It’s not the first time that surprise has been expressed on this site that Brian Eno regards himself as a non-musician, but he’s as near as, dammit. Here we have two excellent re-issues reminding us of what a creative giant he is, and how he has demonstrated this so many times, over the course of nearly fifty years. It also serves as a reminder of what a fantastic and prolific collaborator he is, going right back to 1973 and his collaboration with Robert Fripp, (No Pussyfooting), as well as work with David Byrne and his brother Roger Eno. Here he collaborated with two pioneering and well-regarded bassists responsible for their part in some of the most groundbreaking and influential albums ever made, Cale on the first two Velvet Underground albums, and Wobble as a member of Public Image Ltd. This is the first time either album has been available in a physical format for 15 years, and marks the 30th anniversary of the Wrong Way Up album and the 25th anniversary of Spinner.
John Cale was busy during this period – 1990 also saw the release of his collaboration with Lou Reed, the Andy Warhol tribute, Songs For Drella, and as it turned out, a Velvet Underground reformation was just a couple of years away. By both Cale and Eno’s standards Wrong Way Up is quite a mainstream album. That’s not to dismiss it, rather that it appears so considering some when you consider the experimental and occasionally avant/garde credentials of both, and also that it is more song-based than other occasions in their respective back catalogues. (While Cale had produced some more song-based albums more recently, Eno’s most recent song-based album was 1977’s Before And After Science.) ‘’Spinning Away’ is probably the standout track here, an utterly sublime execution featuring quietly effective guitar from Robert Ahwai. Other highlights on the record include ‘One Word’ and ‘In The Backroom.’ Despite its accessibility, it’s worth noting that successive listens do start to reveal the many layers on offer here, and that just as this reviewer found, very rewarding.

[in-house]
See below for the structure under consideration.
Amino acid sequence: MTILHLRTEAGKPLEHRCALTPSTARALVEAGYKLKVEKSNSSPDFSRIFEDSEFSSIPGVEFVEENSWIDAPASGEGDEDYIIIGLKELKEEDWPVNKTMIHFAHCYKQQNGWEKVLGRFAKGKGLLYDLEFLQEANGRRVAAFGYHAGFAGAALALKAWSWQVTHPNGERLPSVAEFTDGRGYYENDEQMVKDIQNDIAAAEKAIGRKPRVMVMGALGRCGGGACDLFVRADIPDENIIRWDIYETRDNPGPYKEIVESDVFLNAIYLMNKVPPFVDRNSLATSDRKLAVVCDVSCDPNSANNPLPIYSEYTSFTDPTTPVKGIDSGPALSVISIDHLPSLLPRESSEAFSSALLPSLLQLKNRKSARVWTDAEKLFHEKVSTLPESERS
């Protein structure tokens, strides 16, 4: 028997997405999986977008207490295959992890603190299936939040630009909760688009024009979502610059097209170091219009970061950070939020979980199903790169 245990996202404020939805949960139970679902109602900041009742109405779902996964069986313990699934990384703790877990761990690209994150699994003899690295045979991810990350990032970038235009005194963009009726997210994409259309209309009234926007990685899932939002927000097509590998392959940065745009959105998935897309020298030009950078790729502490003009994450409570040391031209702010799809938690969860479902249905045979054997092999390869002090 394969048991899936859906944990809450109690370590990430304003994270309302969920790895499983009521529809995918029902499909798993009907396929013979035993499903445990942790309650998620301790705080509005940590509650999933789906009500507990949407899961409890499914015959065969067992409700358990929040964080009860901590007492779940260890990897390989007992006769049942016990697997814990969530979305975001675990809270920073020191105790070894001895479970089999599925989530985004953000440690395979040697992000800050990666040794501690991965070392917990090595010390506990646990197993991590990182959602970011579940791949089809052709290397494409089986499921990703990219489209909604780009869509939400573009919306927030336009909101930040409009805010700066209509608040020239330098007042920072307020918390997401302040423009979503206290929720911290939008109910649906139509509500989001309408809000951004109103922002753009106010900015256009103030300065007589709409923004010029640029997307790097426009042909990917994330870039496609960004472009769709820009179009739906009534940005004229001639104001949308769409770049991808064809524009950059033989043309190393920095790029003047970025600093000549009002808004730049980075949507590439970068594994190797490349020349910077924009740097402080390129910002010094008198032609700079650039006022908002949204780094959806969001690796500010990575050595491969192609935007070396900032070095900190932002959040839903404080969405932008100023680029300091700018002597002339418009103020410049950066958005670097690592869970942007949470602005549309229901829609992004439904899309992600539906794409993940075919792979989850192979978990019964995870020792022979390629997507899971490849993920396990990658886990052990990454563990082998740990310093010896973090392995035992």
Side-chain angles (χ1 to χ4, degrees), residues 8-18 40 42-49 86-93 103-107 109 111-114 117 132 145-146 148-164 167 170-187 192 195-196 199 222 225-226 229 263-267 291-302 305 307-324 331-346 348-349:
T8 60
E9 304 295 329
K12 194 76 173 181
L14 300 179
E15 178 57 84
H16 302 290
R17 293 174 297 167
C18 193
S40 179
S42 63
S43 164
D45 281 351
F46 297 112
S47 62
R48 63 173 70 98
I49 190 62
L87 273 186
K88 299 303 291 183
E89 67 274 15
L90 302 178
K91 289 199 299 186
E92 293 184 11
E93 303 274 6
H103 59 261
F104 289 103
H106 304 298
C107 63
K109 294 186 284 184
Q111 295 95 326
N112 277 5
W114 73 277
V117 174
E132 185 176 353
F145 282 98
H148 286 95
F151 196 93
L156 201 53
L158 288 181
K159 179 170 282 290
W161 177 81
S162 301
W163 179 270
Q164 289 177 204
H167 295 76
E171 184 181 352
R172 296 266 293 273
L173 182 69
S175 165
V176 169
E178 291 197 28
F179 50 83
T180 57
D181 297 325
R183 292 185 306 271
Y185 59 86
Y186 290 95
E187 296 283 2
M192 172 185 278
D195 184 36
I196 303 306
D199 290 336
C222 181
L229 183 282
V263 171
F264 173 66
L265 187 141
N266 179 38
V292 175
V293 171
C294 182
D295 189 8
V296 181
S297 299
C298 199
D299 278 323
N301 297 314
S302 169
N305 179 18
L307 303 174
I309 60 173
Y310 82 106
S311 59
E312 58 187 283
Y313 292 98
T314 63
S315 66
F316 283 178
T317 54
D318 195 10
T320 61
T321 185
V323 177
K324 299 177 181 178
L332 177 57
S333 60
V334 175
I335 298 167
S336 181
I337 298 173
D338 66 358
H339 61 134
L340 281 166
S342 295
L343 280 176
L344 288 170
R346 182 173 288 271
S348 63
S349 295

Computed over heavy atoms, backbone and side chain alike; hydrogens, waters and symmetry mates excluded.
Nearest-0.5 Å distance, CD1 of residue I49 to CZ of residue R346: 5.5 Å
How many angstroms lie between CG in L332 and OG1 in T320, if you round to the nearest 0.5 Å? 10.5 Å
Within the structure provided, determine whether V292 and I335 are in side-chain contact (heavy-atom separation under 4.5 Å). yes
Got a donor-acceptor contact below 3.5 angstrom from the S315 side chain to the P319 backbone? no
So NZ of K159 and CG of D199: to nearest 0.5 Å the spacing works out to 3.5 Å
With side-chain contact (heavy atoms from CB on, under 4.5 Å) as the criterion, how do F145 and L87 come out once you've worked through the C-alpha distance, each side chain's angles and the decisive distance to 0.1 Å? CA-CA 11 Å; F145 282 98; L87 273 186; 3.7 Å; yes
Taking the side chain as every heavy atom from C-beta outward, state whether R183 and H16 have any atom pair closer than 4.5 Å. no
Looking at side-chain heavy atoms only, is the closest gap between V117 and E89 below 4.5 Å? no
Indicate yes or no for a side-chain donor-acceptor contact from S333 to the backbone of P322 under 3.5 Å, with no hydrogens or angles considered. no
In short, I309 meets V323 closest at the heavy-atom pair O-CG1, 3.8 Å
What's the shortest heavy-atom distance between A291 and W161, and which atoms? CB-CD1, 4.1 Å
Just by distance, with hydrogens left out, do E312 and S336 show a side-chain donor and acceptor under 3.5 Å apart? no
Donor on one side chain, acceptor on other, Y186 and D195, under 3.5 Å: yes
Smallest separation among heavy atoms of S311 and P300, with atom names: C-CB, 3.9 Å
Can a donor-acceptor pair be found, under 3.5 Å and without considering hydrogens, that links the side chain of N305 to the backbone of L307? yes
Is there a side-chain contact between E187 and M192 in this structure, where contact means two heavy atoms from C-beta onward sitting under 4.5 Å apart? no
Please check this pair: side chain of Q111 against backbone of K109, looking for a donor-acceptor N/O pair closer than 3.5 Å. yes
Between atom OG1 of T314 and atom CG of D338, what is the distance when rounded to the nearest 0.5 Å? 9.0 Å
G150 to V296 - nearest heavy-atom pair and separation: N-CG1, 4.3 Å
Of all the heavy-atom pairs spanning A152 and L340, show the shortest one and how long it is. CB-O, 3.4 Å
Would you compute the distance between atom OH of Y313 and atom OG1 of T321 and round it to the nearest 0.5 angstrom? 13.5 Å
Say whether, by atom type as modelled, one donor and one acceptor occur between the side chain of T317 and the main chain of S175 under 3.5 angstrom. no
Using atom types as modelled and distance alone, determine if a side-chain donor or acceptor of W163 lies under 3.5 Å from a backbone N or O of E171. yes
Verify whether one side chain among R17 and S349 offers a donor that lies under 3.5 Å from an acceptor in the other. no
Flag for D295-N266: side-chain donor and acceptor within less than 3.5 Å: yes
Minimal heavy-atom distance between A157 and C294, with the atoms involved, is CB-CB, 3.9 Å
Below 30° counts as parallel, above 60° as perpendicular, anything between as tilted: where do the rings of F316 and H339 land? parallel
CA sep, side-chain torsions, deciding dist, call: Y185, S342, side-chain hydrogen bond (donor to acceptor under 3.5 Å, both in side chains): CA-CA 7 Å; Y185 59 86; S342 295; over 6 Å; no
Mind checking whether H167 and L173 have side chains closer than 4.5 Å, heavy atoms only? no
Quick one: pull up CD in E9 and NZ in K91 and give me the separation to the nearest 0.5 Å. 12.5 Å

Spinner is a more reflective work than Wrong Way Up, but not wholly ambient like Eno’s seminal Music For Airports and the rest of his ambient series. At times it feels and sounds more pastoral record than you might expect, yet with an interesting counterpoint from Wobble’s dub influences. The latter do not dominate, but rather provide a different feel to the album. On the one hand, tracks like ‘Steam’ and ‘Marine Radio’ seem to notch up a gear. ‘Transmitter and Trumpet’ and ‘Left Where It Fell‘ are pieces that threaten to overflow with ideas that might descend into cacophony, yet due to their creators’ skill ultimately do not. Proof that radical ideas and the exploration of new territories do not have to result in something that is likely to alienate the bulk of (potential) listeners.
Given the albums that they have been responsible for away from these projects, they may not score as highly as some of their albums, but it’s not as if the likes of, say Another Green World, White Light/White Heat and Metal Box have had little exposure over the years, whether from historical music magazines or the more radical press. Take it as an opportunity to sample two great, if very different albums. Hopefully these two re-issues will shed more light on albums that deserve more coverage.